It's 2017 and changing other people's flight bookings is incredibly easy

The security of online travel booking systems are stuck in the 1990s, according to security researchers

The travel booking systems used by millions of people every day are woefully insecure and lack modern authentication methods. This allows attackers to easily modify other people's reservations, cancel their flights and even use the refunds to book tickets for themselves, according a team of researchers who analyzed this online ecosystem.

Karsten Nohl and Nemanja Nikodijevic from Berlin-based consultancy Security Research Labs have spent months investigating the security employed by the Global Distribution Systems (GDSs) that are used by travel agencies, airlines, hotels and car rental companies. They presented their findings Tuesday at the 33rd Chaos Communications Congress in Hamburg.

GDSs are databases that date back to the mainframe era and hold all information about travel bookings such as the traveler's name, travel dates, itinerary, ticket details, phone and email contacts, passport information, credit card numbers, seat numbers and baggage information. All of this data make up the so-called Passenger Name Records (PNRs).

The three major GDS operators in the world are Sabre, Travelport and Amadeus and together they store PNRs for hundreds of millions of travelers at any given time. Any data added or modification made to a booking is stored in their systems and all that's required to access that information is typically a last name and a six-character booking code.

There are multiple access points into these systems and this includes the websites operated by airlines and travel agencies, but also third-party websites like CheckMyTrip. Even if some of them request more information than others to authenticate users -- like the first name in addition to the last name -- the level of protection for a PNR is ultimately that of the weakest link in the chain.

For example, if a booking includes flights with different airlines, the booking can be accessed and modified through the websites of any of the airlines that operate the different legs of the trip. 

The booking code itself is far from secret. It's printed on luggage tags that most people throw away after each flight -- even if their entire trip has not concluded yet -- and is also embedded in the QR codes printed on tickets that an alarmingly large number of travellers photograph and post on social media websites, the researchers said.

Many airline and trip checking websites don't put limits on how many bad codes people can enter before they're blocked, which makes them vulnerable to brute force code-guessing attacks. The researchers showed they can find matching booking codes for popular last names within minutes by using automated methods.

GDSs further lower the number of possibilities for these booking codes by using only uppercase letters. One of them doesn't use 1s and 0s at all to avoid confusion with the letters I and O and two of them increase the codes sequentially which can give attacker an idea of what range of codes to search through for a given period of time.

The travel agencies have their own master logins into the GDSs and these accounts have very weak passwords. In one case the password was WS, which stands for web service, followed by the date when the login was created in DDMMYY format. This can easily be brute-forced and unfortunately it was one of the most complex travel agency passwords the researchers observed.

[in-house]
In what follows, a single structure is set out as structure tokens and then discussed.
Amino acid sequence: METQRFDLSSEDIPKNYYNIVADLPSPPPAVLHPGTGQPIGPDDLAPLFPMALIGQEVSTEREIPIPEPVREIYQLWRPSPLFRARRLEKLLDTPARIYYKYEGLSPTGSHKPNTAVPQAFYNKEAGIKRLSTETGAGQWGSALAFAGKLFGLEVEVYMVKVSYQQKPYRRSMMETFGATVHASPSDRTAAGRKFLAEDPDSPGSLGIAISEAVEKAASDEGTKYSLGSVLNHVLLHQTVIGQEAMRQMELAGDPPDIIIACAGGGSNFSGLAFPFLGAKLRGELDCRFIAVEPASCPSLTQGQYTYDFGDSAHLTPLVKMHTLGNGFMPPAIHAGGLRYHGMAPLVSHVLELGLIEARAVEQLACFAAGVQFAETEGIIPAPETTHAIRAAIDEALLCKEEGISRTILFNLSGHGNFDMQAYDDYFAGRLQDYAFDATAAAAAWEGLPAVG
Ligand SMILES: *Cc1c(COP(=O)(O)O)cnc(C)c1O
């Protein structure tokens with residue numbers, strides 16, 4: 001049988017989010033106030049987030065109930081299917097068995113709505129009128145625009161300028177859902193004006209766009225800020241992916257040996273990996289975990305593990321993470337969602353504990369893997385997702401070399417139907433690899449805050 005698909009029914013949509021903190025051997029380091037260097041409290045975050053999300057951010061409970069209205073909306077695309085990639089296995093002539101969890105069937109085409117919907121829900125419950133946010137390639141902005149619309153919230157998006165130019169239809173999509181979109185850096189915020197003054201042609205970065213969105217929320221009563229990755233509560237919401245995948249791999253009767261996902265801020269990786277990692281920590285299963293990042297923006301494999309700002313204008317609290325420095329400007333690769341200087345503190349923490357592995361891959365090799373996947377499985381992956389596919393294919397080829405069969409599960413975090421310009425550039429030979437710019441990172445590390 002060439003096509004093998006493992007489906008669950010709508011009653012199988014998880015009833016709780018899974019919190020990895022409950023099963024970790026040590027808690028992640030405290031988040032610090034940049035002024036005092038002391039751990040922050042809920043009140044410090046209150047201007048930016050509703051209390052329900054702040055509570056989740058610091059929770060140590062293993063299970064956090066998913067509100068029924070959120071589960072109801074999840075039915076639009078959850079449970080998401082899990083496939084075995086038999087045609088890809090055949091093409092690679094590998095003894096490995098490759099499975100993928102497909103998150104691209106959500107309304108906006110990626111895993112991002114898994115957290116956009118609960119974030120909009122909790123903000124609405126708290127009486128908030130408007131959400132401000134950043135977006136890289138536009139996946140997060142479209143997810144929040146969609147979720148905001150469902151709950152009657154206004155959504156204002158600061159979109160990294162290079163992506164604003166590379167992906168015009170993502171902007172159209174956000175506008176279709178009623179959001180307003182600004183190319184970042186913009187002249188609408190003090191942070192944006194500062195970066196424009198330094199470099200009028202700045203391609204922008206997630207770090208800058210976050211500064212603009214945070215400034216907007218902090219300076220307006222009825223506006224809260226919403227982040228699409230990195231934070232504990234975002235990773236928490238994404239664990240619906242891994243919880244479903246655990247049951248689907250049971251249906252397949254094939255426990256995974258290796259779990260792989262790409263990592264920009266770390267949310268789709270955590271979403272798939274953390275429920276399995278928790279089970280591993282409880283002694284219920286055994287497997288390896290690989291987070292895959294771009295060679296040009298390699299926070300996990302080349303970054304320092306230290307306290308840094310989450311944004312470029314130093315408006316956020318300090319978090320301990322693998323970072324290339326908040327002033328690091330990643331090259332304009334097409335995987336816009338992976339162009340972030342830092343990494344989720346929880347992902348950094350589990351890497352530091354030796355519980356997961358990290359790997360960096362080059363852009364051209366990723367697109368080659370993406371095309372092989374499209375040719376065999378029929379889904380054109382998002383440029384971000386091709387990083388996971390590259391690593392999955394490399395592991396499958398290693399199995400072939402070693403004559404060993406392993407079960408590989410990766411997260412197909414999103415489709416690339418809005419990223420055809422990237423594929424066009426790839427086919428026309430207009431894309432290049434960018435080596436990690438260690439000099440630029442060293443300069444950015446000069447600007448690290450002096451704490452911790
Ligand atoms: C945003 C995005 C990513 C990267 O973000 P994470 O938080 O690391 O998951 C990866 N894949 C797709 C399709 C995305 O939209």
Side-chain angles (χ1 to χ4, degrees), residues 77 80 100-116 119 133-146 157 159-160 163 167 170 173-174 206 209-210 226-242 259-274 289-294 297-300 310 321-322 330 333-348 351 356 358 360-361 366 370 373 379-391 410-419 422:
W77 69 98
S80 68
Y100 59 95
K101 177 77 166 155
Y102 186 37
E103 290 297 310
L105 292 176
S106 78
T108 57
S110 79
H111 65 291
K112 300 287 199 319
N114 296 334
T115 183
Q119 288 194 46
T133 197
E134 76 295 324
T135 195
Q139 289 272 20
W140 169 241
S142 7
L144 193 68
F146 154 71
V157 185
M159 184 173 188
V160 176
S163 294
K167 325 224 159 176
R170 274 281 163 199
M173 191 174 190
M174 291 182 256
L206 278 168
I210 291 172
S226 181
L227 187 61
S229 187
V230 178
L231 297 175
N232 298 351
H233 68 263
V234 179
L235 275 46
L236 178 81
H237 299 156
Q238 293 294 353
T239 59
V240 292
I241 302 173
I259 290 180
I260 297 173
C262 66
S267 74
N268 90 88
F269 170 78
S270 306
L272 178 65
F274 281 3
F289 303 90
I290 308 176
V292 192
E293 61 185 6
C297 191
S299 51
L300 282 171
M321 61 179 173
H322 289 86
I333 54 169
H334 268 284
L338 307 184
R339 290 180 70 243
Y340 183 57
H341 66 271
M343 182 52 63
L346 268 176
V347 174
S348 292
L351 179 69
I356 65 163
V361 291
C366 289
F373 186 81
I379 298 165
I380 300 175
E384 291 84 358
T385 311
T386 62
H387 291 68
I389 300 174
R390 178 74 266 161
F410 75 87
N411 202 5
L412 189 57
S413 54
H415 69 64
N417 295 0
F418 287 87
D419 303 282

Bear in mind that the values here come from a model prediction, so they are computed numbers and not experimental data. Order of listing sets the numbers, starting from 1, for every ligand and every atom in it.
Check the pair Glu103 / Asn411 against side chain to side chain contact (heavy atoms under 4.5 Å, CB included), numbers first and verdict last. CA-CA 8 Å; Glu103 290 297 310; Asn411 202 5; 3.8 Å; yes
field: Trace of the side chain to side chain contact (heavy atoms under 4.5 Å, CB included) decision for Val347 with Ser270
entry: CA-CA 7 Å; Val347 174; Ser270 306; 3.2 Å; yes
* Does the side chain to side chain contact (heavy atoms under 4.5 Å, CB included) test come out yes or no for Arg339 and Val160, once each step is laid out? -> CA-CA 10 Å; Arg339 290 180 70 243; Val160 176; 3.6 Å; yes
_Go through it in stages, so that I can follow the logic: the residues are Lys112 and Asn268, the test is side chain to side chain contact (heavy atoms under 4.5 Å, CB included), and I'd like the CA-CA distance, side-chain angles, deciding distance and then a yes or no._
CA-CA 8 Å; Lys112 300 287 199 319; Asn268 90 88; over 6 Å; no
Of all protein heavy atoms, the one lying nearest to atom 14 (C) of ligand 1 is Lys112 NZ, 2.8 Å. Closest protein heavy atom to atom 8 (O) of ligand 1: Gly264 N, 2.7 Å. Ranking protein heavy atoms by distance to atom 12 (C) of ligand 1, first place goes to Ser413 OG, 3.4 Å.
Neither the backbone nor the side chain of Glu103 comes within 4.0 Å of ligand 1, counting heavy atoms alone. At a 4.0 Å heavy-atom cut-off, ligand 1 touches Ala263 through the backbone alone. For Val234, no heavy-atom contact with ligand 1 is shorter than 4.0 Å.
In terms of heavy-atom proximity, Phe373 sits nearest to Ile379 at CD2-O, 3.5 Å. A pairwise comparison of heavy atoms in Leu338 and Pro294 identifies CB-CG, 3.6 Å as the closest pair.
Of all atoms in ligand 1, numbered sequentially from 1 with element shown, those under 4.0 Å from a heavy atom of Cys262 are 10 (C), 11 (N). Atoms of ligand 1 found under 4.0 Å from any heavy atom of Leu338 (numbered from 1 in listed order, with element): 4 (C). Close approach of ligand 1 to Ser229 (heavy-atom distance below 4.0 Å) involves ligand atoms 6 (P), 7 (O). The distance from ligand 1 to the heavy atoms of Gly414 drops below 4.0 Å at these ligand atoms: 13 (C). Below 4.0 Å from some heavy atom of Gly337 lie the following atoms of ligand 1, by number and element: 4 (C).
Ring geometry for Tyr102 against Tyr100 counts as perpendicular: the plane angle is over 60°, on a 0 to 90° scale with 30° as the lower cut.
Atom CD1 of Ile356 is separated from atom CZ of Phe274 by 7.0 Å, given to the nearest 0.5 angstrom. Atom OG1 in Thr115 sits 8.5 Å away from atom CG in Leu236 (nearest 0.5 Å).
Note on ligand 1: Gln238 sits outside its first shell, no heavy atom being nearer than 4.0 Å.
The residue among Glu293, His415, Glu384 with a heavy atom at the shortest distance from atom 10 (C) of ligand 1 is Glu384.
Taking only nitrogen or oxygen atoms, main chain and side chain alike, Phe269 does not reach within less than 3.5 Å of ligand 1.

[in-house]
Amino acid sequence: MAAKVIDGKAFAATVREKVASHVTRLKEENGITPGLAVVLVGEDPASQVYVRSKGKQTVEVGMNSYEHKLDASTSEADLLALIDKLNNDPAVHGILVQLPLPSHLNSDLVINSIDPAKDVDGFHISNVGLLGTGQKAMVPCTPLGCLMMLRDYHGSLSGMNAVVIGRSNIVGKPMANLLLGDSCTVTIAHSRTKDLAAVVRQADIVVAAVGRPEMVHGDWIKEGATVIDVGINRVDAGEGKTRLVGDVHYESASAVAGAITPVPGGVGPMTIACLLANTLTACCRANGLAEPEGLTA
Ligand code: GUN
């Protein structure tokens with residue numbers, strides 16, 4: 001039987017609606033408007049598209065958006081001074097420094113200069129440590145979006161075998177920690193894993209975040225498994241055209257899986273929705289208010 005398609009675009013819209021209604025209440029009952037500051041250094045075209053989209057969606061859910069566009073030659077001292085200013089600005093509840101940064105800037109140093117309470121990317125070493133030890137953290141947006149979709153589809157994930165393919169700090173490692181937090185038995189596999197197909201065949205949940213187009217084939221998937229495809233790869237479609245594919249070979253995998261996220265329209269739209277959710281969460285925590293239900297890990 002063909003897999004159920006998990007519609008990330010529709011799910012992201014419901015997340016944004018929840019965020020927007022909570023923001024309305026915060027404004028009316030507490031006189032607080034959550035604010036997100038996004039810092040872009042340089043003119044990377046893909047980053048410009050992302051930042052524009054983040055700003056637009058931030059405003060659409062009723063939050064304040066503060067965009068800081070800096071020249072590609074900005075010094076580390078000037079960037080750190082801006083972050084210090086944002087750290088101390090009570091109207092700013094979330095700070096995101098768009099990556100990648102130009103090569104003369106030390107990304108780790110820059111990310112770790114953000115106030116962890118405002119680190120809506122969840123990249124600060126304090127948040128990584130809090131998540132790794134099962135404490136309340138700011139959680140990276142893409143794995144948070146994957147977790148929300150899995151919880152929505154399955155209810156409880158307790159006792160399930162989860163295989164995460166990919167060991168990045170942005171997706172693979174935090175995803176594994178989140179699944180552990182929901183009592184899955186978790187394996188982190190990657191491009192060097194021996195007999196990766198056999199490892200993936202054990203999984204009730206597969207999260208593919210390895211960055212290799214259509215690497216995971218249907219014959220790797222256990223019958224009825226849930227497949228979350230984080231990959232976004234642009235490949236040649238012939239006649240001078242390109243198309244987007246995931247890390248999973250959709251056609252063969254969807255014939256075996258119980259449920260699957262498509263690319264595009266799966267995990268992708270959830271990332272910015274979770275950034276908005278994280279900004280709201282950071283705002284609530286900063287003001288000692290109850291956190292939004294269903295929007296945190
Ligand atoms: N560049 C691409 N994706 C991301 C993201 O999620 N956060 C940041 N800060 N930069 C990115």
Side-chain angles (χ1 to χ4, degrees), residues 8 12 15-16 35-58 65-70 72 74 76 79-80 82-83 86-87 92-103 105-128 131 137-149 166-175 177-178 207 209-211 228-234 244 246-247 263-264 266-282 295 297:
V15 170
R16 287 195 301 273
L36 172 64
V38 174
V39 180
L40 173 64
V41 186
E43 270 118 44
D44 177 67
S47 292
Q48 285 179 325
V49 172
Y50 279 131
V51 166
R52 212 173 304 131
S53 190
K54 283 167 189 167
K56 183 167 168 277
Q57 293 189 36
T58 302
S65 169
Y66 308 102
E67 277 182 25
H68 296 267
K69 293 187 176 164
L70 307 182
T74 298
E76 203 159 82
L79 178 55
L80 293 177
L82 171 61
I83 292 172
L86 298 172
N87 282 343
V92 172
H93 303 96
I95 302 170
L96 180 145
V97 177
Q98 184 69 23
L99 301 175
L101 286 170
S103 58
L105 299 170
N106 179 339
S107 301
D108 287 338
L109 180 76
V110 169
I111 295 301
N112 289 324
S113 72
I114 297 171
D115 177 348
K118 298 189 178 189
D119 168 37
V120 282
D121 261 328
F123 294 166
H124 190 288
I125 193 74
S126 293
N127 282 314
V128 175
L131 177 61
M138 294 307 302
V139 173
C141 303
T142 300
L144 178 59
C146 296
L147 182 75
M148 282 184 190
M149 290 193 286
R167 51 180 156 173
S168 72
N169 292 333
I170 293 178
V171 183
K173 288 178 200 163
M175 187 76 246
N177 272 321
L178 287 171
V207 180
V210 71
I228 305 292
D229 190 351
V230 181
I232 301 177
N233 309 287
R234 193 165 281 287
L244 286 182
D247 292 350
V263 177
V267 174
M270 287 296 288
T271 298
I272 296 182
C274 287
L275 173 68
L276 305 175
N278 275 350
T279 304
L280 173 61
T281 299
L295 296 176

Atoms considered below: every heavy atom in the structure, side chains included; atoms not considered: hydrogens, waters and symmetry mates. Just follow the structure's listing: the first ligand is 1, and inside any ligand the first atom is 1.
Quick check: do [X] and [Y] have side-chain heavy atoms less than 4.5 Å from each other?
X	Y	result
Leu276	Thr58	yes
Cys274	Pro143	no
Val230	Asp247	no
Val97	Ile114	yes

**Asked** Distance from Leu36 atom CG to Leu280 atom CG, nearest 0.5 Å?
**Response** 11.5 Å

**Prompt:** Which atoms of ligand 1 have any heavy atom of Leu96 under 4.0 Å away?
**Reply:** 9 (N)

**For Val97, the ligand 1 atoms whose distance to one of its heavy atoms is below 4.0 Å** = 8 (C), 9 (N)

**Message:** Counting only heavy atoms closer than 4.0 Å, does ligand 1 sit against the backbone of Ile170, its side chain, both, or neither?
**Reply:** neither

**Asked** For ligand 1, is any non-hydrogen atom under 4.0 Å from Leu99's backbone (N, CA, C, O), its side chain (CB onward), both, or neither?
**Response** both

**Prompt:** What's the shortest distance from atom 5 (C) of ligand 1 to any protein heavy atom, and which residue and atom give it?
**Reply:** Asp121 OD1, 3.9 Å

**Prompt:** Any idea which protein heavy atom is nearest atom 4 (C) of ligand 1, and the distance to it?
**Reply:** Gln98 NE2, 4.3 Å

In addition to the obvious privacy violation that results from accessing someone else's booking data, attackers can abuse such access for their own gain. For example, they could add their frequent flier number to other people's long-haul flights in order gain the reward miles for themselves. The researchers said that they know for a fact that this technique is already being used.

Attackers could also cancel a flight and if the ticket is flexible, they could use the credit given by the airline to book a different ticket for themselves, the researchers said.

Knowledge of a person's exact traveling plans can also facilitate powerful phishing attacks. Imagine receiving an email from the airline you recently booked your flight with saying that the payment failed and you need to rebook by entering your credit card details again. Most people would probably comply with that request without checking if the email is authentic.

To top it all, there is no logging being done in the GDS databases. And since there's no logging, there's no way to tell who accessed a given record and how much abuse exists in these systems, the researchers said.

The ideal case would be for these systems to start requiring proper passwords for accessing individual PNRs, but that's a very long term goal because all the players in the ecosystem -- travel agencies, airlines, hotels, car rental companies, etc. -- would need to get on board with this change and move at the same pace, Nohl said.

"In the short term, at the very least we should expect websites that give access to travelers' personal information to have the bare minimum of web security, and this includes at the very least some rate limiting," the researcher said. "And until passwords and other security measures become common, I think we have a right to know who accesses our records and there must be some accountability, especially knowing how insecure these systems are today."

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